These blogs, diaries, and subsequent podcasts here on eKartingNews.com will become a chronicle of the events of my entire journey to building a competitive go-kart team here at Templeton High School.

As I had mentioned, every engineering student must do a project that will eventually be shown at our annual THS Makers Faire held every May.  While thinking of what to do, my teacher presented us with a list of ideas for projects, but I knew I wanted to do something different.  I liked the idea of the robotics competition that a lot of high schools are doing, but robots just aren’t my thing.  About that same time, my Dad had been talking with EKN Managing Editor David Cole and he mentioned that Purdue University has a newly-formed high school STEM program that races electric karts.  Right then, I knew this was the project for me.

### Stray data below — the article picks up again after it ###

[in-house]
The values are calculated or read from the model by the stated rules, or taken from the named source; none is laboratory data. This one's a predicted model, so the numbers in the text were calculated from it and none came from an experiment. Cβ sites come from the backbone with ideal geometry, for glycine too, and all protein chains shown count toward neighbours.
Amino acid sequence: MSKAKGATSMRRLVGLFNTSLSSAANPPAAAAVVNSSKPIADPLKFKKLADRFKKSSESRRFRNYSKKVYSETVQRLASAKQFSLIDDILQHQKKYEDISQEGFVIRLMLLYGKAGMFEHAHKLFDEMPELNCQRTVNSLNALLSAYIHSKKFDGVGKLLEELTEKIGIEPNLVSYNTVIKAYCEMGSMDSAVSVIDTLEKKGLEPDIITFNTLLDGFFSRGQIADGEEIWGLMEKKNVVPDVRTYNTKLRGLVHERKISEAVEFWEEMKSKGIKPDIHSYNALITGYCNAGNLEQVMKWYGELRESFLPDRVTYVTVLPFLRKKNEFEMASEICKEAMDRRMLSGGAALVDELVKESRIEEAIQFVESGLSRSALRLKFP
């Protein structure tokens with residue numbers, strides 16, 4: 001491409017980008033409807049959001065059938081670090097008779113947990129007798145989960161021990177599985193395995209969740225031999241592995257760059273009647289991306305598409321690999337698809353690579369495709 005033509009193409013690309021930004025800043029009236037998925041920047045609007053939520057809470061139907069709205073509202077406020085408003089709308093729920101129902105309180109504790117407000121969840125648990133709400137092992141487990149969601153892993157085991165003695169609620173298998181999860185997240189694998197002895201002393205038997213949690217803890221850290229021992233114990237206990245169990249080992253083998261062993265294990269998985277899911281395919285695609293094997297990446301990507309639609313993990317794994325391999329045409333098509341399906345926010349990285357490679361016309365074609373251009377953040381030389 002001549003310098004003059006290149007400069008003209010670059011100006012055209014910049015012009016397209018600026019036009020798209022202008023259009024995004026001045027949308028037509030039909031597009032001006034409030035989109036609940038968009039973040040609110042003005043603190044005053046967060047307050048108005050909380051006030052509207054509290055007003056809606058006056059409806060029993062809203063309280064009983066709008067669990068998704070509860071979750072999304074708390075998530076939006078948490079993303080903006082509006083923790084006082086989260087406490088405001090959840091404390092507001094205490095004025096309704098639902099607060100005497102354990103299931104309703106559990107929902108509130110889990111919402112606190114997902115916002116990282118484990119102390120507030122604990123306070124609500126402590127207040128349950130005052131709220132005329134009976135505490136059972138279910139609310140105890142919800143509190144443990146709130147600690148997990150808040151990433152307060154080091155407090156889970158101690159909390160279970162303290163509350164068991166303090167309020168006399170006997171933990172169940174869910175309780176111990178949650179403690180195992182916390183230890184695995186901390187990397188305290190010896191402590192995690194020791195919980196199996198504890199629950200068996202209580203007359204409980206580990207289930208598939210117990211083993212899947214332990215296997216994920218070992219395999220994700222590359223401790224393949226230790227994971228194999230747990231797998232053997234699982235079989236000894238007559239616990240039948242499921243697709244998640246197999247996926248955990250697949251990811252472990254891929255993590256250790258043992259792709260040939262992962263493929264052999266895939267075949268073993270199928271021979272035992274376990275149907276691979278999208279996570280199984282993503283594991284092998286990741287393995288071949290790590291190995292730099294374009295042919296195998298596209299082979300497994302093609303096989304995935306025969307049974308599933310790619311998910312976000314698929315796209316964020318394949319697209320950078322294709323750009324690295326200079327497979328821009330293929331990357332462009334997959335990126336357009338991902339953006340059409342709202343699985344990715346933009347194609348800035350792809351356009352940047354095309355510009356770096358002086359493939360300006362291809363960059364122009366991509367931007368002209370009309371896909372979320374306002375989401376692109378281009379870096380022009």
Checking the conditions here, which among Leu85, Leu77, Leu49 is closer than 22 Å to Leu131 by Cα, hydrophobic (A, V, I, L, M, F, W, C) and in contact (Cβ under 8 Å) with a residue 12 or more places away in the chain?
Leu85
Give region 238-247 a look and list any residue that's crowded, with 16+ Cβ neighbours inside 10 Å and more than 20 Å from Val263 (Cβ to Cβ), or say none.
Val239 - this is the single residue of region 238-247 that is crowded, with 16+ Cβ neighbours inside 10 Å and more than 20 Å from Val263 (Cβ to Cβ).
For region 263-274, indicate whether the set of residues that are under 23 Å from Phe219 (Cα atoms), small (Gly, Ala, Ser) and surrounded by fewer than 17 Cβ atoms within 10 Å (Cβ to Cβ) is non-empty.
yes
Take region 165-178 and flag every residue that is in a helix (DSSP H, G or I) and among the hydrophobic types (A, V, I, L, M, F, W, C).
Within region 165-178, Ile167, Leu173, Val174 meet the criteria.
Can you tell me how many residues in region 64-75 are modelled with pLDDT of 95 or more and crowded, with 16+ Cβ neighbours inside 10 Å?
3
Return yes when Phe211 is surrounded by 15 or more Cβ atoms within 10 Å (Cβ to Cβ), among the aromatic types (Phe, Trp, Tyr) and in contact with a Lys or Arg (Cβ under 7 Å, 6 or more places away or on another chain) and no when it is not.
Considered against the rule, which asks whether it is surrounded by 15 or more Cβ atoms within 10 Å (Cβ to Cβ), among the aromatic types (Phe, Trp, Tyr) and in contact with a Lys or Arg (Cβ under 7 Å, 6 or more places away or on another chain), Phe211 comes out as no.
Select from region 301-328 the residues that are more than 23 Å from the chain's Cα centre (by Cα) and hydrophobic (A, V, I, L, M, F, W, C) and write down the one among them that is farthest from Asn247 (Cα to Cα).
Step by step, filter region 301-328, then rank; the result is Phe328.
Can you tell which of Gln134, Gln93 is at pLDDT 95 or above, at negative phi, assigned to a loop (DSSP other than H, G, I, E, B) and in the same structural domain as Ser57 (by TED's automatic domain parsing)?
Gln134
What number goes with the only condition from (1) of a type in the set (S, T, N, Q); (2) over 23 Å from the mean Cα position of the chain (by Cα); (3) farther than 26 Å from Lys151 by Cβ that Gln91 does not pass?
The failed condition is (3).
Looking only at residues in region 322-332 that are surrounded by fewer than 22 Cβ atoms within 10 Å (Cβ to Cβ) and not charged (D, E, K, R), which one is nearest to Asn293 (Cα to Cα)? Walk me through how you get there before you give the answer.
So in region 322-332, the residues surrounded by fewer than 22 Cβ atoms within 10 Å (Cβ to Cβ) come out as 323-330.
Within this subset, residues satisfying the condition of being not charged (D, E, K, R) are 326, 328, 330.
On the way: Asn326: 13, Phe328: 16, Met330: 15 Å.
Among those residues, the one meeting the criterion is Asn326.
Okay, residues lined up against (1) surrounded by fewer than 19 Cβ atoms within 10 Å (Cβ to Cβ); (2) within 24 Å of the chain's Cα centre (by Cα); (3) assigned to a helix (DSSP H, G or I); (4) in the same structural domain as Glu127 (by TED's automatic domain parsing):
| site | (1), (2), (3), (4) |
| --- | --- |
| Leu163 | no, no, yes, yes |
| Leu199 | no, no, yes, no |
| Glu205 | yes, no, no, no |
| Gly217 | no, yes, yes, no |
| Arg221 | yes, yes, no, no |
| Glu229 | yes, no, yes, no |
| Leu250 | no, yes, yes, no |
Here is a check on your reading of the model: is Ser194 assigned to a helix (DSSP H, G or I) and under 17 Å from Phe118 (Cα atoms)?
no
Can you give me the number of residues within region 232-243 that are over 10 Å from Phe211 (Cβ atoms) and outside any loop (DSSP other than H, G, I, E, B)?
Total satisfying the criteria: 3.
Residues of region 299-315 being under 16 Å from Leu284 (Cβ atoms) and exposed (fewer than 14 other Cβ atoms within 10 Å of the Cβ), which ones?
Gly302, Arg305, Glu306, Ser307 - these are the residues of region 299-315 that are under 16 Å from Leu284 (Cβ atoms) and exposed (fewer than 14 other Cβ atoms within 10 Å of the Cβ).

Nicholas sitting inside Marc Miller’s ST Mazda car (Photo: Jeff Deskins)

Purdue University has been holding a competitive college racing competition for quite a few years, which is very similar to the Formula SAE program which started back in 1980.  In 2009, Purdue wanted to extend this concept down to the high school level, so they formed a high school division alongside their college program.  While college students have to design everything from the chassis on up, the high school program use commercially available karts as the base platform.  The high school rules have spec motors, motor controllers, batteries, and tires and are very similar to competitive kart races, but they allows teams to purchase readily available parts so they can get up and running at a fairly low cost.  The best part of all of this is the fact that the evGrandPrix races are held at the Racing Capital of the World – the Indianapolis Motor Speedway – right between the IndyCar Grand Prix (road course) and the Indy 500 weekends in May.